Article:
All news from Anaesthesiology

CryoEM Captures An Opioid Drug Triggering The BIochemical Signaling

Scientists have used ultra-high-resolution cryo–electron microscopy (cryoEM) to capture the most detailed portrait ever of an opioid drug triggering the biochemical signaling cascade that gives it its power both for good and for ill.  Opioid drugs like morphine and fentanyl are a mainstay of modern pain medicine. The study was published in Nature.

But they also cause constipation, are highly addictive, and can lead to fatal respiratory failure if taken at too high a dose. Scientists have long sought to develop new opioid drugs that can drive away pain without these dangerous side effects, but holes in our understanding of exactly how opioids exert their various effects at a biological level has so far kept this dream at bay.

Research Offers Tips To Deal With Poison Ivy

In the present study, researchers discussed the first two months of summer coincide with the height of poison ivy seasonToxicodendron radicans, commonly known as eastern poison ivy or poison ivy, is a poisonous Asian and Eastern North American flowering plant that is well-known for causing urushiol-induced contact dermatitis

Universal Stroke Awareness Program Launched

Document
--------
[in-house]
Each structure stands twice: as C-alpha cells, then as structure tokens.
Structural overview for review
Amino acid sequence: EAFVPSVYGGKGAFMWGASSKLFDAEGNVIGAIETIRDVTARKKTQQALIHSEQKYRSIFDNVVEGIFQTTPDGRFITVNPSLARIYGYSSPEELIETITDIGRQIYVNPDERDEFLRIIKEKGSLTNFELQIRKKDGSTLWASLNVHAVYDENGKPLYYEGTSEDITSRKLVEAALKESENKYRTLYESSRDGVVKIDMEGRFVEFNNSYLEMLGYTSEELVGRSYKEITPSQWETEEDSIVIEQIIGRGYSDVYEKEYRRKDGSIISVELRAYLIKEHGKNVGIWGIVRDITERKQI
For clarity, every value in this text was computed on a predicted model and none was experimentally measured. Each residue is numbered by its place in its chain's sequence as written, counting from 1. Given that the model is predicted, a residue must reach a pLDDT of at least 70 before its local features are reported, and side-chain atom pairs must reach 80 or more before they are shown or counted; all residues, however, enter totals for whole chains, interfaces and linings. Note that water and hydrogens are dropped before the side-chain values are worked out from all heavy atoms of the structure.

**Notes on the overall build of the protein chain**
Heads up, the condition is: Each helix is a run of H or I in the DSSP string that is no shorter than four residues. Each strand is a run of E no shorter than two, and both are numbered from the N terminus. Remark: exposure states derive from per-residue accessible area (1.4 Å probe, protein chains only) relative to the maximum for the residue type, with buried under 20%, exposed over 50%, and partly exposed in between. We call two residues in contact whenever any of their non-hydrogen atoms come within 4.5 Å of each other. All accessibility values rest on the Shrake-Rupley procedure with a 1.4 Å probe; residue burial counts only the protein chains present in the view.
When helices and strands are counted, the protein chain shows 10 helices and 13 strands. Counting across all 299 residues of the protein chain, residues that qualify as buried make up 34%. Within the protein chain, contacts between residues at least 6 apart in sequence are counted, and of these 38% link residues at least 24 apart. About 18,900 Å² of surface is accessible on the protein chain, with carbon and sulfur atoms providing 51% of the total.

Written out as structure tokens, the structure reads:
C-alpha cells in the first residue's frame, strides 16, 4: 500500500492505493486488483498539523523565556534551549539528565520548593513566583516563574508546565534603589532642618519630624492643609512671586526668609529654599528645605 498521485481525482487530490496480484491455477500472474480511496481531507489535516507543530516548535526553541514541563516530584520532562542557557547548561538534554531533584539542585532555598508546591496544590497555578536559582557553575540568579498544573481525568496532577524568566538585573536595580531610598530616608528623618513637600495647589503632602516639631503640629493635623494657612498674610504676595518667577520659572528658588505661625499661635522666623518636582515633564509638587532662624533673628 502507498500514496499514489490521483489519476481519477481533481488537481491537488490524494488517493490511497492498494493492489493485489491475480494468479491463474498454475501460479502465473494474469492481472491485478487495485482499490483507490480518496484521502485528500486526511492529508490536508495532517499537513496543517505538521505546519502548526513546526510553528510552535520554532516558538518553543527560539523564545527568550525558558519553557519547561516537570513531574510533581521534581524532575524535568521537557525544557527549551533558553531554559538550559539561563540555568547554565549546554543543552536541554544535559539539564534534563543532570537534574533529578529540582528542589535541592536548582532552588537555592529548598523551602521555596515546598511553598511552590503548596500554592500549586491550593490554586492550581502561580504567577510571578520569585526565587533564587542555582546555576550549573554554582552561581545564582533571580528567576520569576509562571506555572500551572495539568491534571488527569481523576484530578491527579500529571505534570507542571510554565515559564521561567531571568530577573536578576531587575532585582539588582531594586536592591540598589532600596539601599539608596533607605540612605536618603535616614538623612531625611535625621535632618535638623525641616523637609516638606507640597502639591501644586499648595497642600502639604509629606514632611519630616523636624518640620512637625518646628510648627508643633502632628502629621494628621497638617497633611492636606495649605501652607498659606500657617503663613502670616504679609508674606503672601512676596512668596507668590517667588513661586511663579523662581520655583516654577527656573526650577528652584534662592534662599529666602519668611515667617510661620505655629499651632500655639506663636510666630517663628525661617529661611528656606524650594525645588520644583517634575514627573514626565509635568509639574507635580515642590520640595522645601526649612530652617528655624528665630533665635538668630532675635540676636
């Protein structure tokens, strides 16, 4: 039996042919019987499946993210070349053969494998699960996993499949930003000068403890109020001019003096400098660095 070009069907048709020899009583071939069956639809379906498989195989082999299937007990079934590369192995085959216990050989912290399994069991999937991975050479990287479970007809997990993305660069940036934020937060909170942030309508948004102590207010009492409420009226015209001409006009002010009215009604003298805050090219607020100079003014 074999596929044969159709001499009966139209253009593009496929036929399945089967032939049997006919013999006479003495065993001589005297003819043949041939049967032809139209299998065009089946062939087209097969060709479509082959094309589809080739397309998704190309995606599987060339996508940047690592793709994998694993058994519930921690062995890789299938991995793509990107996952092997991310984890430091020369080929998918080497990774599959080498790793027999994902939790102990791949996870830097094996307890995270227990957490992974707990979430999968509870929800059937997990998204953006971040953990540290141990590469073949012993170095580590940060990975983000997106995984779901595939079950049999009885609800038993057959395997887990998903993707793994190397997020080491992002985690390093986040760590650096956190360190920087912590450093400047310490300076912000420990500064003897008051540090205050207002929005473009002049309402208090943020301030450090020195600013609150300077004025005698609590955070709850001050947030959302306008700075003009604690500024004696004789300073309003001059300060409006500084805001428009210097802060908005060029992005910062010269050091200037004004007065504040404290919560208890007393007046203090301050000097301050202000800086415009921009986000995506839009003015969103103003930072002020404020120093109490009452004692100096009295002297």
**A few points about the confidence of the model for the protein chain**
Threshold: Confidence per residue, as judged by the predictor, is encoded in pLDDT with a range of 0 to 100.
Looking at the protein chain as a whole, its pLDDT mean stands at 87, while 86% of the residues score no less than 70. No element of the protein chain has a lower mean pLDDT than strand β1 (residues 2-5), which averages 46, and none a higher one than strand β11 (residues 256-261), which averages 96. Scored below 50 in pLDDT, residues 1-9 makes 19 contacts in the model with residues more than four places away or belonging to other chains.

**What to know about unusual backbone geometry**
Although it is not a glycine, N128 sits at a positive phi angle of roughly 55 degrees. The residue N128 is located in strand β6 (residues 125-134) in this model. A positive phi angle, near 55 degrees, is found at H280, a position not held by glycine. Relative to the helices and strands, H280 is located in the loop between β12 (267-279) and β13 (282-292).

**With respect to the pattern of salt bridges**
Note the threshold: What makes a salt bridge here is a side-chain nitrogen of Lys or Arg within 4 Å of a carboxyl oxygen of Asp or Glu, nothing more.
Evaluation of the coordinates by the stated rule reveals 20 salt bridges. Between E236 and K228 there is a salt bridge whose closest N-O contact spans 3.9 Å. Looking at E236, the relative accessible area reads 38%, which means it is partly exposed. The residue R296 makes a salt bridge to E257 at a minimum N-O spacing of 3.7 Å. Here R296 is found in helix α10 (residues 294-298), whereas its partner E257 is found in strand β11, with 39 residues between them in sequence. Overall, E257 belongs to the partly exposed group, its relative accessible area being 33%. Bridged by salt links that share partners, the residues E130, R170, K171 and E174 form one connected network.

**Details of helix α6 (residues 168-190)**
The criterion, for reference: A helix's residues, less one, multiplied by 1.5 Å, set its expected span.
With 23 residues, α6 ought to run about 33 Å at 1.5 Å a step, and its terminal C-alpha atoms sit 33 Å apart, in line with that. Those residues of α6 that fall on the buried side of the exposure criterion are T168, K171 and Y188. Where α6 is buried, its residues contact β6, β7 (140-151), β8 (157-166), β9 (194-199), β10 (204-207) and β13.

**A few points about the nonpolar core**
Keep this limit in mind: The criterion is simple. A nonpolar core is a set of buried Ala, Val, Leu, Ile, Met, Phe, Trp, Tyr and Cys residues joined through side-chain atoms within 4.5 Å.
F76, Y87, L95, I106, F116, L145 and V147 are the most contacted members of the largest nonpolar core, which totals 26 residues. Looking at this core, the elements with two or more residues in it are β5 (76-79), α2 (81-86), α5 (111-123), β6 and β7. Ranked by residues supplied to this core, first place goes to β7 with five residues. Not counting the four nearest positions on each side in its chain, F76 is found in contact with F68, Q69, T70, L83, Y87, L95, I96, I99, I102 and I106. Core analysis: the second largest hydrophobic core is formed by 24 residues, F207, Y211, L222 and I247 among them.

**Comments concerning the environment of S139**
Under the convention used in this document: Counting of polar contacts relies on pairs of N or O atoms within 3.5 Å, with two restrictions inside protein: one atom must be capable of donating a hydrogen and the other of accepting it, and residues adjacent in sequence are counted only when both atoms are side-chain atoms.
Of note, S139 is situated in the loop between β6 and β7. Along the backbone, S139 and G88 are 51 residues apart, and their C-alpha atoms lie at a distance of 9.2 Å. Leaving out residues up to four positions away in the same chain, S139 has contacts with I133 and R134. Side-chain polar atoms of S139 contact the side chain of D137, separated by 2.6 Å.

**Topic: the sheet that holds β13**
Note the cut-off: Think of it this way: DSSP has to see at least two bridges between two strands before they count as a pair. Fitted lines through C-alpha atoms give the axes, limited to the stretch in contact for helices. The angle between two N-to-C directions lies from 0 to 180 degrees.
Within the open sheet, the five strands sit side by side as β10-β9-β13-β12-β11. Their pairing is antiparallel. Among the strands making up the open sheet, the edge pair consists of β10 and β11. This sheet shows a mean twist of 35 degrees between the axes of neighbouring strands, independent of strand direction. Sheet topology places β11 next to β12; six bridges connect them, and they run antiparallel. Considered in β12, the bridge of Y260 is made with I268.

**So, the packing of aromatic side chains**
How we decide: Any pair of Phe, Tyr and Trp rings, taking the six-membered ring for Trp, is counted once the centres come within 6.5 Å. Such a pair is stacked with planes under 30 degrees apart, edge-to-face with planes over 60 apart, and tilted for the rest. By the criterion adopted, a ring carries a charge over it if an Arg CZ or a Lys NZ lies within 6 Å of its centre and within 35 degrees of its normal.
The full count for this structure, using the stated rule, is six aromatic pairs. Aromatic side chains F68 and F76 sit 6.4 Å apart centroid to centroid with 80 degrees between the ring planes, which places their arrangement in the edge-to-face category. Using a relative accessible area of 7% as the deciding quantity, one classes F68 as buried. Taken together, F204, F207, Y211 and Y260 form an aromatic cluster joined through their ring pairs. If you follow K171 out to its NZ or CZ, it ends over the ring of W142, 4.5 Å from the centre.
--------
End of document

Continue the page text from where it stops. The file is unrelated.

In an effort to improve stroke recognition and reduce life-threatening pre-hospital delays worldwide, an international team lead by researchers at Penn Medicine created a universal stroke awareness program, Stroke 112. The team published encouraging results in Stroke about the program's acceptance in a non-English-speaking environment.

DNA Profiling Informative Way to Monitor UTI

Using shotgun DNA sequencing, Cornell University researchers have demonstrated a new method for monitoring urinary tract infections (UTIs) that surpasses traditional methods in providing valuable information about the dynamics of the infection as well as the patient's biological response

HIV and Diabetes: High Rates Increased the Risk of TB for South Africans

Since the 1980s, HIV has contributed to an increase in tuberculosis (TB) cases across the globe. Recently, diabetes has been found to be an important risk factor for TB. In a new study, Yale researchers investigated whether having both HIV and diabetes increases the risk of developing TB among individuals living in rural South Africa. The study, led by Sheela Shenoi and Pranay Sinha, is published in the International Journal of Tuberculosis and Lung Disease.